By Jeff Risdon
$.01--If Week 1 was all about interceptions, Week 2 was all about the officials. I’ve been a fairly staunch defender of the replacement officials, but this week’s performance was completely unacceptable in several games. From phantom pass interference penalties to egregious downfield holding and illegal contact by defensive backs that goes almost completely uncalled to timekeeping and spotting errors, it was truly embarrassing and indefensible.
This had to be what Mike Pereira dreams about at night, a series of ponderous calls that turned Twitter into a Million Man March against the officiating debacle. The Rams/Skins game and Eagles/Ravens games in particular are just as memorable for the horrid refereeing as for the dramatic finishes. Missed calls and questionable flags are one thing, and we’ve seen plenty enough of that from Pereira’s darling regular officials. But so many replacement crews misinterpreted rules, botched game management, and let the timbre of the battle get louder than regular refs would allow. One scab even had to be replaced because he was tailgating in support of one of his assigned teams just weeks ago, an unforgivable sin for officials.
The killer for me was an incident in the Tennessee game where punter Brett Kern got knocked down. The referee, whose sole responsibility on punting plays is to watch the punter from the snap to the end of the play, was not looking at the punter when he got hit and never threw a flag. That’s egregious!
Your move, Roger Goodell. There is a real opportunity here for Goodell to earn some good will back for his league and his own tattered reputation. It is time to bring back the regular refs. I’ve tried real hard to accept these scabs, and a handful of them absolutely belong, but if Goodell is serious about player safety and protecting the shield this nonsense must end. Acquiesce to a couple of the key demands, namely allowing all current refs to keep their “day jobs” for up to three years. All new officials must be fulltime NFL employees as the league desires, but grandfather in the existing 119 officials and give them three years to either go fulltime or keep their regular jobs, many of which pay more than the NFL does. While the officials’ demand for a lucrative pension is antiquated, their desire for a more functional and secure retirement plan is legit. Improve the long-term health care benefits and guarantee that the payout level on whatever plan they decide has a clearly defined floor. Get it done, Mr. Commish!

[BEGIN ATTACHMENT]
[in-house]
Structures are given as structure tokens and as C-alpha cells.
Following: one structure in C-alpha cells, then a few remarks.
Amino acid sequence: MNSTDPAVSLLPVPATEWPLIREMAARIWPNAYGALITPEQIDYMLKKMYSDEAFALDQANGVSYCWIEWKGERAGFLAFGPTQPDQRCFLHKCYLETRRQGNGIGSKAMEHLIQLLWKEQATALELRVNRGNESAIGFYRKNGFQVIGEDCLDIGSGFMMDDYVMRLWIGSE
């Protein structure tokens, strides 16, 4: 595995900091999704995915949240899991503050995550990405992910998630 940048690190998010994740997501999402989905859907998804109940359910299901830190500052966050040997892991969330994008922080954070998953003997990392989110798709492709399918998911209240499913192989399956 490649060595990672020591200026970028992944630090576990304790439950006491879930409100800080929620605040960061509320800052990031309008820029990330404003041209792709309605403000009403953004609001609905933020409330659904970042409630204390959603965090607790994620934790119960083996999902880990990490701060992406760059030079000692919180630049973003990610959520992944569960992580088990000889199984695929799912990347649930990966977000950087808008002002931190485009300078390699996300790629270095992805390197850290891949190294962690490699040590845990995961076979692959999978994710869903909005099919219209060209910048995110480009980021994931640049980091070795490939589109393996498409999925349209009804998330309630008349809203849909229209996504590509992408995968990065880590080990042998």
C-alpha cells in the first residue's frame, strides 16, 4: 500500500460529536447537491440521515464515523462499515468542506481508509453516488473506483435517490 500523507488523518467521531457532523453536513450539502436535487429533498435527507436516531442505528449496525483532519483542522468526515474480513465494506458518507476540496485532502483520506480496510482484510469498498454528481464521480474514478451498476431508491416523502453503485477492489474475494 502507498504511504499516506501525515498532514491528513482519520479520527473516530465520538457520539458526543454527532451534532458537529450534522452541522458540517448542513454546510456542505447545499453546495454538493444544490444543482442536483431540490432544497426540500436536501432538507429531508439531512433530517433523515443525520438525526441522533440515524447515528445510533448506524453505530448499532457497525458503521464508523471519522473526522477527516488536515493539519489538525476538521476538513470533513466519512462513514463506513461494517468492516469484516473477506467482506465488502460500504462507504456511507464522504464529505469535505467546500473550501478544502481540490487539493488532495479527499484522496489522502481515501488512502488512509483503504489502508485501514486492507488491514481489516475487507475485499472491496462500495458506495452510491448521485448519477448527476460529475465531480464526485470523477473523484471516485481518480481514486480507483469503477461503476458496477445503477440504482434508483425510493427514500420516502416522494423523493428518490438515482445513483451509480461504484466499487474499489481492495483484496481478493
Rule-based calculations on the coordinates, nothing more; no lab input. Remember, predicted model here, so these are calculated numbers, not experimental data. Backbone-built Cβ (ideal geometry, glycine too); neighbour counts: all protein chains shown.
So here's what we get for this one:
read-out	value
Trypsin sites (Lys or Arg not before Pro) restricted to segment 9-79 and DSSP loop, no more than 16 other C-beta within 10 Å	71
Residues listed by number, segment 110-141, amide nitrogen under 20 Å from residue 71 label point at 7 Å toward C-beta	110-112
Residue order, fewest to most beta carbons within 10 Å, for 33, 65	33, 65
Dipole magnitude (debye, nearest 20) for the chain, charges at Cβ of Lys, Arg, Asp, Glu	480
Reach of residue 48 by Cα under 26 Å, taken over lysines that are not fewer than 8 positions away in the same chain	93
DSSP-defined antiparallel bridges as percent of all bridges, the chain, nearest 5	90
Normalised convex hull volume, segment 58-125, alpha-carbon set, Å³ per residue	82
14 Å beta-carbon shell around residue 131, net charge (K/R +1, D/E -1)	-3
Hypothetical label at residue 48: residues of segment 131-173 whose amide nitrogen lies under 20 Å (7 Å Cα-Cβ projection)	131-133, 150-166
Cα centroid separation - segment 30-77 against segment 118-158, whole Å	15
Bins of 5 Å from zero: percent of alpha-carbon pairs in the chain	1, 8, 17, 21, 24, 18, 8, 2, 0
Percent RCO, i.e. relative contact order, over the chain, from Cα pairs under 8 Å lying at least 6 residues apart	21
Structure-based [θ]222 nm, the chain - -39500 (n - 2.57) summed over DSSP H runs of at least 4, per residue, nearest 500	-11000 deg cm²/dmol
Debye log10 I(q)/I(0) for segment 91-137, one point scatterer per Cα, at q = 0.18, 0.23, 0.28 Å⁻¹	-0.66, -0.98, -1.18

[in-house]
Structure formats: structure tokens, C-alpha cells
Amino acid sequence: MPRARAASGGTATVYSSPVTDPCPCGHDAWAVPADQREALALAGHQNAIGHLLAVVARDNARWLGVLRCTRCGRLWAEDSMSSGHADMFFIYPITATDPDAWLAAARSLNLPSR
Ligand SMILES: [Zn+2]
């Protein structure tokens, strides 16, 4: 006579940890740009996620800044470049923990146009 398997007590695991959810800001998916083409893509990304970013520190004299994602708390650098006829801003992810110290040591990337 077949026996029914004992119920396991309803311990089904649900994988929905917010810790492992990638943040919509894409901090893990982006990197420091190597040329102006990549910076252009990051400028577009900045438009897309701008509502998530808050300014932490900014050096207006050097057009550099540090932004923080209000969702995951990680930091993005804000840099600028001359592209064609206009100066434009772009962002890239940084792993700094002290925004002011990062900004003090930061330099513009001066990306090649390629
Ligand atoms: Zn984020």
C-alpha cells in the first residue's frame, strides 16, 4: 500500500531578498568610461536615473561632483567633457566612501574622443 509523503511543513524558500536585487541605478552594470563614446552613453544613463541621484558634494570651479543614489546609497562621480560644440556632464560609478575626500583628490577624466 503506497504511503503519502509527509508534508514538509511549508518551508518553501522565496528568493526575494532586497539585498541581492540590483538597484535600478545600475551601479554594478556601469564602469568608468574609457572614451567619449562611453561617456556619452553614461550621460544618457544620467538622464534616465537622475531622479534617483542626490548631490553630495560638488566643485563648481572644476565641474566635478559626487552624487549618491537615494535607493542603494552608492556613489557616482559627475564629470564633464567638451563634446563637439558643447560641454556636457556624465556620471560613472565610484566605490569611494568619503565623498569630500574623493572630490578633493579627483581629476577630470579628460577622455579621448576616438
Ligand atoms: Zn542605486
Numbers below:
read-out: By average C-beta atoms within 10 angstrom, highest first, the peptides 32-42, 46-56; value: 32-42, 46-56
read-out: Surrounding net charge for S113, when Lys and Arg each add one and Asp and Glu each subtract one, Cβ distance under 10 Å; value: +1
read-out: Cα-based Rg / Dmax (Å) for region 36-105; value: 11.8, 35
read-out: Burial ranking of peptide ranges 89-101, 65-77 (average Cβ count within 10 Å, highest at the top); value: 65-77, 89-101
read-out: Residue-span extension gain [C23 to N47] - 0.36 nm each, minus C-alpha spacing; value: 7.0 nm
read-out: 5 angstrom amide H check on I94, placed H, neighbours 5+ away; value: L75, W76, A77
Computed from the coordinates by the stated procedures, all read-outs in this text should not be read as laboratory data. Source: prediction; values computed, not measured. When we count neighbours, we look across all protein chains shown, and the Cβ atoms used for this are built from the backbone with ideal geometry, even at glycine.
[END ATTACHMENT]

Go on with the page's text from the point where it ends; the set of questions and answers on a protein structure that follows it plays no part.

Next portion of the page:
$.02--The New York Giants showed their championship mettle with a stirring comeback victory over the improved Buccaneers. This game was a classic case of a team that knows how to win beating a team that is still learning how to win, a team with a clear identity emerging over a team with an emerging identity.
It took over 500 yards from Eli Manning, almost 300 of those in the second half, for the Giants to secure the win. Hakeem Nicks hauled in 199 receiving yards while Victor Cruz notched 179 on his own, as both made several big catches that brought the G-Men back from a big deficit. The second half of the game was essentially New York almost flawlessly catching up and the Bucs desperately clinging to a lead the Giants staked them.
There was a definite tipping point. Just before the end of the third quarter, Josh Freeman threw an interception to Corey Webster that led to a quick Giants field goal. The next Bucs drive sputtered as the Giants defensive line woke up, and two plays after the punt Eli found Cruz for a 80-yard TD. That got the Bucs wobbly, and the 2-point conversion really bloodied the nose. Josh Freeman was visibly tight on the next Bucs drive, a quick 3-and-out, and the Giants showed no mercy. It takes a Herculean effort for a team to score 25 points in a quarter, but that’s what New York did. They needed every one of them too, because Freeman gathered himself nicely and hit Mike Williams with a long TD strike of his own and had the Bucs in Giants territory before Michael Boley’s sealing INT.